Fire and fury: Details and reaction from explosive Trump exposé
By John Goodrich
["north america"]
A gossipy, revealing exposé of the Trump White House has hit headlines around the world – and provoked a ferocious response from the US president and his lawyers.
Michael Wolff, a media commentator famed for his insider account of the Murdoch media empire, says he conducted interviews with over 200 figures inside and outside the administration for his book “Fire and Fury: Inside the Trump White House.”
Trump suggested the book was “phony”, White House spokeswoman Sarah Sanders called it “trashy tabloid fiction” – and social media lit up at the tell-all revelations.

Bannon vs Trump

The main takeaway is Steve Bannon’s intervention on the probe into alleged Russian interference into the 2016 election, reopening old wounds with Trump family members.
Bannon, Trump’s former chief strategist, labelled a June 2016 meeting at which Donald Trump Jr, Jared Kushner and Paul Manafort met several Russians as “treasonous.”
Former White House Chief Strategist Steve Bannon. /Reuters Photo‍

Former White House Chief Strategist Steve Bannon. /Reuters Photo‍

“The three senior guys in the campaign thought it was a good idea to meet with a foreign government inside Trump Tower in the conference room on the 25th floor - with no lawyers. They didn’t have any lawyers,” Bannon said in the book, according to widely printed excerpts.
“Even if you thought that this was not treasonous, or unpatriotic, or bad s**t, and I happen to think it’s all of that, you should have called the FBI immediately.”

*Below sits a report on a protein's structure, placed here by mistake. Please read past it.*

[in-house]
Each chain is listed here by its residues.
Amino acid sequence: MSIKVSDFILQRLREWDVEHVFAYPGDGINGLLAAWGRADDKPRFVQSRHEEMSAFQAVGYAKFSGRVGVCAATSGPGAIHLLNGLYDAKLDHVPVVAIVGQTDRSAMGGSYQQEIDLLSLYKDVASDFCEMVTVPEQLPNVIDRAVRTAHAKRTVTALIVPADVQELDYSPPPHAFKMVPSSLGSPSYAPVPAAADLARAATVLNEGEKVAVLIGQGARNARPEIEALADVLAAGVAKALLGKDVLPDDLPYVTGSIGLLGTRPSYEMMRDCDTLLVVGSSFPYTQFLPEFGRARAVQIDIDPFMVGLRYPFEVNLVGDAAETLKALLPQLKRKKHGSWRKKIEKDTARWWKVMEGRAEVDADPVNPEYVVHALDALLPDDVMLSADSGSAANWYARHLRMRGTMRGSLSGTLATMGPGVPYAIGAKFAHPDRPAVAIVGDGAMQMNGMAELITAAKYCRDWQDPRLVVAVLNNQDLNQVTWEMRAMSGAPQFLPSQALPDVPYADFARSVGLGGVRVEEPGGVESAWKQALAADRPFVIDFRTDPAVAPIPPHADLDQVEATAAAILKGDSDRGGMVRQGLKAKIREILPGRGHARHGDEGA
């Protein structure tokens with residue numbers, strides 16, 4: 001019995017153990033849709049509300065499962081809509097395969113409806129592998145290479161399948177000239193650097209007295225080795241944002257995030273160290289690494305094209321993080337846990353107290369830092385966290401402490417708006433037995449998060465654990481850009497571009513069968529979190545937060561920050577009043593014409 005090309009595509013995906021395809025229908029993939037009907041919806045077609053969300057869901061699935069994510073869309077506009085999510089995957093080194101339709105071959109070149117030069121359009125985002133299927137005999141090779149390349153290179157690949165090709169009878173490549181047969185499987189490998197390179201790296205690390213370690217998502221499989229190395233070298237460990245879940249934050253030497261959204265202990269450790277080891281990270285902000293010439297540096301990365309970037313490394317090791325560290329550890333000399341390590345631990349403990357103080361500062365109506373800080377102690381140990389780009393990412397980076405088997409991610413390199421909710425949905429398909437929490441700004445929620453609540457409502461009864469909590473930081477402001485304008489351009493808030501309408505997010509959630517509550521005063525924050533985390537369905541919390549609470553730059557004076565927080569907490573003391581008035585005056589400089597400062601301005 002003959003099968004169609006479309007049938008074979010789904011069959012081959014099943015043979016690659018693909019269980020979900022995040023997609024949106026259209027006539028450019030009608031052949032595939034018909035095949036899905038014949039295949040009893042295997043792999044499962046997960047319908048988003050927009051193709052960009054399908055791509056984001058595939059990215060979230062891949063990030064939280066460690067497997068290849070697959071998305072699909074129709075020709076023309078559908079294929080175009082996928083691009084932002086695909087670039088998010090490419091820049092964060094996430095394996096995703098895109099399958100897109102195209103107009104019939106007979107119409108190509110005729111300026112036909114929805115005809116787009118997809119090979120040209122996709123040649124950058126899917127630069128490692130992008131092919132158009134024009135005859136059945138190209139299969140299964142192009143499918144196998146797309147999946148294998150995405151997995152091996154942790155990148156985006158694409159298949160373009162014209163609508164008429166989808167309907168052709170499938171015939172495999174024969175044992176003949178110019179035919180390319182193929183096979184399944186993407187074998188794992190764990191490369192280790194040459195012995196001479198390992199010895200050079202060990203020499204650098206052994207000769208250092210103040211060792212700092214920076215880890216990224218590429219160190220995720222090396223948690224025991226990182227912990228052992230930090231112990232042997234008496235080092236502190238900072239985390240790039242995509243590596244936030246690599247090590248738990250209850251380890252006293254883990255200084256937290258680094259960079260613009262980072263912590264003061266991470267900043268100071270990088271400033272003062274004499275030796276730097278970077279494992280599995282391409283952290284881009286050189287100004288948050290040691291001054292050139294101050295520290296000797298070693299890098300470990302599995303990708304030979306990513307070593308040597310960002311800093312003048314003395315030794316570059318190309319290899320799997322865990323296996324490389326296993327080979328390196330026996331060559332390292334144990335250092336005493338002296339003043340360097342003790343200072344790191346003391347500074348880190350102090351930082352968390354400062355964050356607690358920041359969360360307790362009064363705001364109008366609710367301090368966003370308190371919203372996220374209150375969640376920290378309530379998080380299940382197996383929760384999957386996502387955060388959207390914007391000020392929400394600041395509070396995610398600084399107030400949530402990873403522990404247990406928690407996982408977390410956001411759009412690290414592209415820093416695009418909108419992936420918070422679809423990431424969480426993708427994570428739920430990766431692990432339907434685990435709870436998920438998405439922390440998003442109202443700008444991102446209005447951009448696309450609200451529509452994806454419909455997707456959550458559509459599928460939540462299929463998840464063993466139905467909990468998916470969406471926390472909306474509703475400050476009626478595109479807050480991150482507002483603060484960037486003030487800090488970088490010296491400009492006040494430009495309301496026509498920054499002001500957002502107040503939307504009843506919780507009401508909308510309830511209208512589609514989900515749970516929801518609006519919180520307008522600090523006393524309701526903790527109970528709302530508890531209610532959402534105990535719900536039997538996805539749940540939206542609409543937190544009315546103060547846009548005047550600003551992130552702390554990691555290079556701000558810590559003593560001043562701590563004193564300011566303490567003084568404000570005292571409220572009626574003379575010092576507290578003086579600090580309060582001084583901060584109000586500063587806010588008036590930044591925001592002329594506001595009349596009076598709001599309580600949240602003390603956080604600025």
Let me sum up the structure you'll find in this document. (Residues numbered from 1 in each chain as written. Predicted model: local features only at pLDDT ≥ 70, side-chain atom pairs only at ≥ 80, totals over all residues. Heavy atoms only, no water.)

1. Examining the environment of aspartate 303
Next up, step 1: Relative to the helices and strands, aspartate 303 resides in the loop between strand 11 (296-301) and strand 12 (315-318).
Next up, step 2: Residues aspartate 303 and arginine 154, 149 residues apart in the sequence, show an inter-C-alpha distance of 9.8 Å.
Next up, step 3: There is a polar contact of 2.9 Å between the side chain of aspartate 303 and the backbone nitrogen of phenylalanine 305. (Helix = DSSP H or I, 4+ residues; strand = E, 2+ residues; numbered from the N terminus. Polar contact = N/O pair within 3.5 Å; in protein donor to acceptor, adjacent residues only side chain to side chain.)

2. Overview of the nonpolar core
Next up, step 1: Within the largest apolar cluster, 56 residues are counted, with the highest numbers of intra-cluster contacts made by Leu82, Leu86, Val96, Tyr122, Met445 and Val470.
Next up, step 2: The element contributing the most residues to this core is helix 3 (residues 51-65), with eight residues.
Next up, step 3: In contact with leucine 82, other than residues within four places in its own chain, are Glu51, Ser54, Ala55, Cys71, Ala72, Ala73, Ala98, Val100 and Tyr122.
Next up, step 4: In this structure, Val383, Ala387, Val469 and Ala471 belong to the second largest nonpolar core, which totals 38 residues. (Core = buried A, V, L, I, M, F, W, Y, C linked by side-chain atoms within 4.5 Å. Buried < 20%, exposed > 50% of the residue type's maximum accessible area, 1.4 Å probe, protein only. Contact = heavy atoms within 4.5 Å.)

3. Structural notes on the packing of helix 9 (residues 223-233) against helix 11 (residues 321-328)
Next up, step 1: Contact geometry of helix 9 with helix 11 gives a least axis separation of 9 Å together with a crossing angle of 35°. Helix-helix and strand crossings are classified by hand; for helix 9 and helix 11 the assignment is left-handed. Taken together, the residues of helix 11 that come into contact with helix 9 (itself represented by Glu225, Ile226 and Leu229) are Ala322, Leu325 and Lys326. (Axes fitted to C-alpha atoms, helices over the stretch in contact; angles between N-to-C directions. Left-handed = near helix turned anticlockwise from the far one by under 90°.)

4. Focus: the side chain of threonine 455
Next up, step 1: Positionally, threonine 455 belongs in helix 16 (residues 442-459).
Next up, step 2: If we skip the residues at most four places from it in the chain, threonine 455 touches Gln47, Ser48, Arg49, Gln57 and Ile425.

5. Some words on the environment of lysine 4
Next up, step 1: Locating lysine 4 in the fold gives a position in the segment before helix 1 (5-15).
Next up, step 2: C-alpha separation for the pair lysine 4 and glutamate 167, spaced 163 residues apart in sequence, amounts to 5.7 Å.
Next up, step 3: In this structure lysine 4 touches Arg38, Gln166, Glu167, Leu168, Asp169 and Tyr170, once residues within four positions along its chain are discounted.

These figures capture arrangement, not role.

Bannon also claimed that Special Counsel Robert Mueller’s probe into possible collusion between the Trump campaign and Russia was focused on money laundering.
The comments expose a rift between Trump and Bannon, who is a figurehead for the anti-establishment wing of the Republican party from which much of the president’s base comes.
What Trump said…
Trump hit back at Bannon with a furious statement. 
Bannon had “nothing to do with me or my Presidency,” Trump said, before describing his former campaign strategist as a “staffer who had “lost his mind.” 
He blamed Bannon for the loss of the Republican Senate seat in Alabama and claimed he was “only in it for himself.”
US President Donald Trump. /Reuters Photo

US President Donald Trump. /Reuters Photo

“Steve pretends to be at war with the media, which he calls the opposition party, yet he spent his time at the White House leaking false information to the media to make himself seem far more important than he was. It is the only thing he does well.
“Steve was rarely in a one-on-one meeting with me and only pretends to have had influence to fool a few people with no access and no clue, whom he helped write phony books.”
Sanders said the president had spent only a few minutes speaking with Wolff, and claimed that White House officials who spoke to the journalist did so at the request of Bannon.
Trump’s lawyers sent a cease-and-desist letter to Bannon late on Wednesday, claiming his comments violated a non-disclosure agreement.